- Tuesday, February 11, 2020 at 12:05PM - 1:30PM
- SLB Room 128
- Open To The YLS Community Only
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People often conceptualize the internet as a single global community. Information wants to be free, and the internet enables citizens from everywhere in the world to mingle, share information, and learn from one another about far away events. While all these things are true, the reality of the internet is that it presents only a marginal barrier to identification. The laws and technologies of many places, both expected and unexpected, limit what people can do online, and how they can be tracked and identified while doing it. As technologies like text and image recognition algorithms improve, are we headed towards a world where people can share knowledge with each other, or one where the internet is growing more balkanized over time?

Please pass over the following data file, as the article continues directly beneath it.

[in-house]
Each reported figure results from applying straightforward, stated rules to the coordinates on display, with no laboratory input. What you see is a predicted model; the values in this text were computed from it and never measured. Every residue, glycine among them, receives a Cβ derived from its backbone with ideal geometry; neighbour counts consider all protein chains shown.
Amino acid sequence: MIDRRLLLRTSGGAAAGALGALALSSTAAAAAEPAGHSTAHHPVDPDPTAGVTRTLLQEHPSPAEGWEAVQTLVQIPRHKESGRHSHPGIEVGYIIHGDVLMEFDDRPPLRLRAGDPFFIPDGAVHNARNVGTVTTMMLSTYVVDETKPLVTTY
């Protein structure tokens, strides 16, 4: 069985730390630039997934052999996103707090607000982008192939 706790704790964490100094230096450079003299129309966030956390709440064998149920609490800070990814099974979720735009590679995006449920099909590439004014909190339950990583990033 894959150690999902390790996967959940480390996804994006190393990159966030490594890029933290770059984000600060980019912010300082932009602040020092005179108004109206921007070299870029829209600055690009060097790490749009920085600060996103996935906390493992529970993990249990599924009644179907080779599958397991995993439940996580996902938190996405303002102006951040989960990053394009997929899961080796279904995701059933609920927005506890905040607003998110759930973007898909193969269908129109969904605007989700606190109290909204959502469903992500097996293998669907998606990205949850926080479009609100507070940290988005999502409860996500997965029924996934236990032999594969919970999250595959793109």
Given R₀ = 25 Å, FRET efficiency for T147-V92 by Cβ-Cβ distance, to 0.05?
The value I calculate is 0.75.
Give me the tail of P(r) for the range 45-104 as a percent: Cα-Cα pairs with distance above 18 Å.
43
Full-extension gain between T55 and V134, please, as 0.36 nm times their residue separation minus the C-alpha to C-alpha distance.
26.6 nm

Jacob Rogers is a senior legal counsel at the Wikimedia Foundation, the non-profit that hosts Wikipedia and its sister projects. The Foundation's vision is a world where every single person can share in the sum of all knowledge and it works towards that vision by providing financial, technical, and infrastructure support for its free knowledge projects. Jacob has worked on litigation, intellectual property, and other internet law topics for the Foundation for the past five years. Prior to that, Jacob worked as a law clerk for the U.S. Senate Permanent Subcommittee on Investigations and got his law degree from Harvard and a Bachelors in History of Science from UC Berkeley.